Related Video and Audio
Got a TV Licence?
You need one to watch live TV on any channel or device, and BBC programmes on iPlayer. It’s the law.
Find out more
- Covid-19 deaths in the US.
The following data is from January to 20 May, and covers almost 70,000 Covid-19 deaths. It shows most deaths happened in the over-85s.
It is important to note the average age of Covid-19 deaths does vary from country to country.
According to Johns Hopkins University: “15% of Covid-19 deaths in Brazil have been in patients younger than 50 years old, and nearly a quarter of deaths in Mexico have been between the ages of 25 and 49 years.”
“Numbers alone cannot possibly measure the impact of the coronavirus on America…none were mere numbers,” the paper said.
The Brazilian paper O Globo did something similar on 10 May after Brazilian deaths passed 10,000. Since then, the death toll has passed 25,000.
Copyright: O Globo
One of Australia’s most popular sports – the National Rugby League – is resuming play today with a game between a NSW and Queensland team.
Fans are very happy to have the sport back on their screens – even though they won’t be able to attend games for a while under restrictions.
It’s the first professional sporting competition to be begin again in Australia, and one of the only contact sports in the world. As one commentator described it to the BBC: “They’ve got to sweat all over each other, wrestle all the time; bursting breath”.
But officials say that there are tough restrictions in places- and players and officials have to self-isolate outside of training and games.
And the nation has recorded no new cases for a sixth consecutive day. However, one 98-year-old woman in Auckland has died bringing the toll to 22 cases.
The last time there were signs of community transmission in the country was also more than a month ago, said director general of health Ashley Bloomfield.
From tomorrow, New Zealand will allow gatherings to increase from 10 to 100 people.
It has also indicated it may open up its borders to Australia in July. A tentative plan is due next week.
BBC North America Editor
Copyright: Getty Images
It’s an uncanny and almost tragically perfect piece of symmetry.
The number of US servicemen and women killed in Korea, Vietnam, Iraq and Afghanistan – over an aggregate 44 years of fighting – is almost exactly the same as the number of Americans who’ve now lost their lives to coronavirus in just three months of America’s war against the hidden enemy, as Donald Trump likes to refer to Covid-19.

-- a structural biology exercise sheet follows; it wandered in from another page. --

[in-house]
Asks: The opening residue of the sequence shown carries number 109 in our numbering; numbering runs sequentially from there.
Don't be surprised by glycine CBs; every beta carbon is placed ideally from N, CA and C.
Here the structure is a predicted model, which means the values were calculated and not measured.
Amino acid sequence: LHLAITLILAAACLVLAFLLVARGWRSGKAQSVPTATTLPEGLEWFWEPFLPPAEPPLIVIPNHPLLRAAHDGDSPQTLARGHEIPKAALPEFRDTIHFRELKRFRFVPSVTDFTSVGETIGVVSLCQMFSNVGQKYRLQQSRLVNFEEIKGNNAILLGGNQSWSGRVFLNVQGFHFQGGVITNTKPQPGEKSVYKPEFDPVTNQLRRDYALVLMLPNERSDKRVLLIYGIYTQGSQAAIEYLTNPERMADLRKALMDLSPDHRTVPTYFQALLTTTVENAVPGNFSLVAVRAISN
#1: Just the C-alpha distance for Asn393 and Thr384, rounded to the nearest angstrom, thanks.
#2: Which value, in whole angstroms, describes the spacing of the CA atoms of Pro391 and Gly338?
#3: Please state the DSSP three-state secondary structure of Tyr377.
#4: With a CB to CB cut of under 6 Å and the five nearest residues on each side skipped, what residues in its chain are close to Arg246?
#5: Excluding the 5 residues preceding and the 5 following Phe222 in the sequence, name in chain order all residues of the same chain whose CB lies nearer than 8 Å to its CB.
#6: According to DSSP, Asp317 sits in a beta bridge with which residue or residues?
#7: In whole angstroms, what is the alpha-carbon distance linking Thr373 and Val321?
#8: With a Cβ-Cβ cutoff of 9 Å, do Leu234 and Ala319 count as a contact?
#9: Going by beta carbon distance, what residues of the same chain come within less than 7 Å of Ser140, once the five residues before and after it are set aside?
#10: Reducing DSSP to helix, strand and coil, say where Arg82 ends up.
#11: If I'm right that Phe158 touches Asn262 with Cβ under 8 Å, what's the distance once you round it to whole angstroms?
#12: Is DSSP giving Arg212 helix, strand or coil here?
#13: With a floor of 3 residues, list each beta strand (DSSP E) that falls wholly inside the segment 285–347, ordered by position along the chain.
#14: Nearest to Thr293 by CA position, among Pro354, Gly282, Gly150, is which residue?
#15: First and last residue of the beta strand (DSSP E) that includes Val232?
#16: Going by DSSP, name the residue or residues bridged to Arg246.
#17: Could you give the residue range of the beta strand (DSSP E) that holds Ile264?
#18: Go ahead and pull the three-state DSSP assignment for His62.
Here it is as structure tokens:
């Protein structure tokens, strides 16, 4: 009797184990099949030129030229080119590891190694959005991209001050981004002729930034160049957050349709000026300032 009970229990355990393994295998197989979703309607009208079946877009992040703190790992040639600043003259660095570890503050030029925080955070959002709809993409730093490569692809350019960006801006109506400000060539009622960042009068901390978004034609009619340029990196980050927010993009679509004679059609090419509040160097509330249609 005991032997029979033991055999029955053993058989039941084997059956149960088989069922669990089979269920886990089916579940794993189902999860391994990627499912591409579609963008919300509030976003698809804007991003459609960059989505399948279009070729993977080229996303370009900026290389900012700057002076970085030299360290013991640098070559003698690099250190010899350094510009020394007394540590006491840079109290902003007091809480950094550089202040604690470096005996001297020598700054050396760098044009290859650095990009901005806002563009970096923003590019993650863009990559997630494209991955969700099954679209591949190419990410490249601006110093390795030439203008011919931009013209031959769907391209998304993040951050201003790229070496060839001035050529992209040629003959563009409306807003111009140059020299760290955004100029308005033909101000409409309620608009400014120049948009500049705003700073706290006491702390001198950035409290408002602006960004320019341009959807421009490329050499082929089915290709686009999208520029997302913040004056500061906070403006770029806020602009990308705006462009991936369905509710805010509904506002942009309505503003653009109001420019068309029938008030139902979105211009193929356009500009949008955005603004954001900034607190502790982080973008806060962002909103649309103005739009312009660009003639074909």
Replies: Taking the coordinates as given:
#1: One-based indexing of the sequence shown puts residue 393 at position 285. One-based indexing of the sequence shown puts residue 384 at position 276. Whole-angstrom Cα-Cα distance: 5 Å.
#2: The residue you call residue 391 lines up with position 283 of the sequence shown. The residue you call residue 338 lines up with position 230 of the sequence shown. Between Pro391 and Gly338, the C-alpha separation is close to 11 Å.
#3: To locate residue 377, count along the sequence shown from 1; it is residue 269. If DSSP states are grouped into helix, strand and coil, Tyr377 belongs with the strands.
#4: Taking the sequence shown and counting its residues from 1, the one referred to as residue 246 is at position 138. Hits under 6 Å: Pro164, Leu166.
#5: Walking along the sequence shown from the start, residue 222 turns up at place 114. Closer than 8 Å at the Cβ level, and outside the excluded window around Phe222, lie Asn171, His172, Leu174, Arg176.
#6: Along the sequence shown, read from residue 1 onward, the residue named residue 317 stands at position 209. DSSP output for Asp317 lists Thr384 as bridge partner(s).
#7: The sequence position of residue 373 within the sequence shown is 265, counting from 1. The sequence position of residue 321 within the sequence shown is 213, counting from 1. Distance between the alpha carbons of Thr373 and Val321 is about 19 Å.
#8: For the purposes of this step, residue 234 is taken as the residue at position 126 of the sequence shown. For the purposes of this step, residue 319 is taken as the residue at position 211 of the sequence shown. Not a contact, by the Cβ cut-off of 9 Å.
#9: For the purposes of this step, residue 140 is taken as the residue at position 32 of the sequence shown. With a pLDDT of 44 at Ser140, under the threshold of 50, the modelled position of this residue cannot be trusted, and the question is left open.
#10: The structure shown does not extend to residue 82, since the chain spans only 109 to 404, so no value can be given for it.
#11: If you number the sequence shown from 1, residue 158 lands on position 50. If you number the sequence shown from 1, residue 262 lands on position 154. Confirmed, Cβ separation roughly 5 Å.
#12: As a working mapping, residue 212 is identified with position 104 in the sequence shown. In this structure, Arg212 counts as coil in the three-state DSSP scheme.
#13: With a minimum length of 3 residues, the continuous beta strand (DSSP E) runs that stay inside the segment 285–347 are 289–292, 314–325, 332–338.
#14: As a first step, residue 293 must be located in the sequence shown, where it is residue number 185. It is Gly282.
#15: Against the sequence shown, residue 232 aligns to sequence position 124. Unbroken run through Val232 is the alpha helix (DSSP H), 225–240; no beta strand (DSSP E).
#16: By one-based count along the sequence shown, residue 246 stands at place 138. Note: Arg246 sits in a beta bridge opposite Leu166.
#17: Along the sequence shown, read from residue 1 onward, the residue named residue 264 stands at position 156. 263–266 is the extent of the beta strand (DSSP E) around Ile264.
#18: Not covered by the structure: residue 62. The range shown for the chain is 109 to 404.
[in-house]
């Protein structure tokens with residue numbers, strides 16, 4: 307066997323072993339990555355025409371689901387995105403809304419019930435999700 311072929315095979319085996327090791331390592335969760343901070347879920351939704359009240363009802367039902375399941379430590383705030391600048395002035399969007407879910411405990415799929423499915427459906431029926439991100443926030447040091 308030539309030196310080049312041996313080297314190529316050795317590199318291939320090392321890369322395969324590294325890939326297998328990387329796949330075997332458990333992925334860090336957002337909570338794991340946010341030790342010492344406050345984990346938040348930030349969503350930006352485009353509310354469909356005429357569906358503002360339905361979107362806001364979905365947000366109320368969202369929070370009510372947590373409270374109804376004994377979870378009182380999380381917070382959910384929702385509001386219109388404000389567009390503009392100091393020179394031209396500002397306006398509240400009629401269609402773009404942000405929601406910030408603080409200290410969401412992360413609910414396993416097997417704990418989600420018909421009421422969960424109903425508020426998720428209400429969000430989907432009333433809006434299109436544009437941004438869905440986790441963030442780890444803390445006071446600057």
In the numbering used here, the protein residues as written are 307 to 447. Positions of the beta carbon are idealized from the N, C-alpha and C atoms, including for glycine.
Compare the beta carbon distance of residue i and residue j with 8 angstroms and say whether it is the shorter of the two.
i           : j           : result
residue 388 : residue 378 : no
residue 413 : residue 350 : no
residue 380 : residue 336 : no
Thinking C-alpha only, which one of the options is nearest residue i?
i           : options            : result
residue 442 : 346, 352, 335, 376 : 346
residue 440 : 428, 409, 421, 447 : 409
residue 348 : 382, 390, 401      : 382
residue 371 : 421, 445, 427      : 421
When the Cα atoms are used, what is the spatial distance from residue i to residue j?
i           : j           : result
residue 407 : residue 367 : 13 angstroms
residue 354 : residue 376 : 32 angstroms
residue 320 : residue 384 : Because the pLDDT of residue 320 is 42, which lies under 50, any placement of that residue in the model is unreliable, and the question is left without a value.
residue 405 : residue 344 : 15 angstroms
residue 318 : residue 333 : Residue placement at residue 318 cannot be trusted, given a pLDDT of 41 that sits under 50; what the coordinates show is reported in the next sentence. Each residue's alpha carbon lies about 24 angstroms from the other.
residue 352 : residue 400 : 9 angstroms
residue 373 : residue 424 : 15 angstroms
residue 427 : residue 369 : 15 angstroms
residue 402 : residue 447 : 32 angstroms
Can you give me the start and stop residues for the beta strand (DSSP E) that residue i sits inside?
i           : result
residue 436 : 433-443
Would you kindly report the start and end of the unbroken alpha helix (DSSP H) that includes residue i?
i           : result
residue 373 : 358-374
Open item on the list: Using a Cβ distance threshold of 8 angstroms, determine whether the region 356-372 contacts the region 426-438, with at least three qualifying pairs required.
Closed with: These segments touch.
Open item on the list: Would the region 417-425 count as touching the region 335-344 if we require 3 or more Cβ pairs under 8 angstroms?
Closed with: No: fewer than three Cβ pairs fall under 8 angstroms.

Now I know you could replace the Covid-19 deaths with US cancer deaths or road crash victims and come up with similarly stark or perhaps even more dramatic statistics.
But sadly, fatal automobile accidents and terminal tumours have always been with us. A global pandemic has not.
And out of nowhere 100,000 American families are, this spring, mourning loved ones, whose lives have been cut short by this virus.
US deaths in conflict:
- Korean War (1950-1953): 36,500
- Vietnam War (1961-1975): 58,000
- Iraq War (2003-2011): 4,500
- Afghanistan (2001-today): 2,000
- Covid-19 (Feb 2020- today): 100,000
Read more from our North America editor here
That’s more fatalities than any other country, while its 1.69 million confirmed infections account for about 30% of all cases worldwide.
The country’s death toll stands at 100,276, according to data from the Johns Hopkins University.
But on a per capita basis the US ranks ninth in its mortality rate behind the likes of Belgium, the United Kingdom, France and Ireland, according to the university.
Globally there have been 5.6 million people recorded as infected and 354,983 deaths since the virus emerged in the Chinese city of Wuhan late last year.
Welcome back to our rolling coverage of the coronavirus pandemic. We begin with the grim news that more than 100,000 people have now lost their lives in the United States. Our correspondents and reporters will bring you analysis and insight into how we got here and what happens next.
Here are the other updates from around the world:
- A new cluster of infections in South Korea has been linked to a logistics centre outside Seoul
- Japan‘s government has approved a massive stimulus package to stop the pandemic pushing the world’s third-largest economy deeper into recession
- The EU has proposed a recovery fund worth €750bn (£670bn; $825bn). The package of grants and loans will be distributed among member states to help tackle the “unprecedented crisis”
- Cyprus has pledged to cover the holiday costs of anyone who tests positive for the virus after travelling there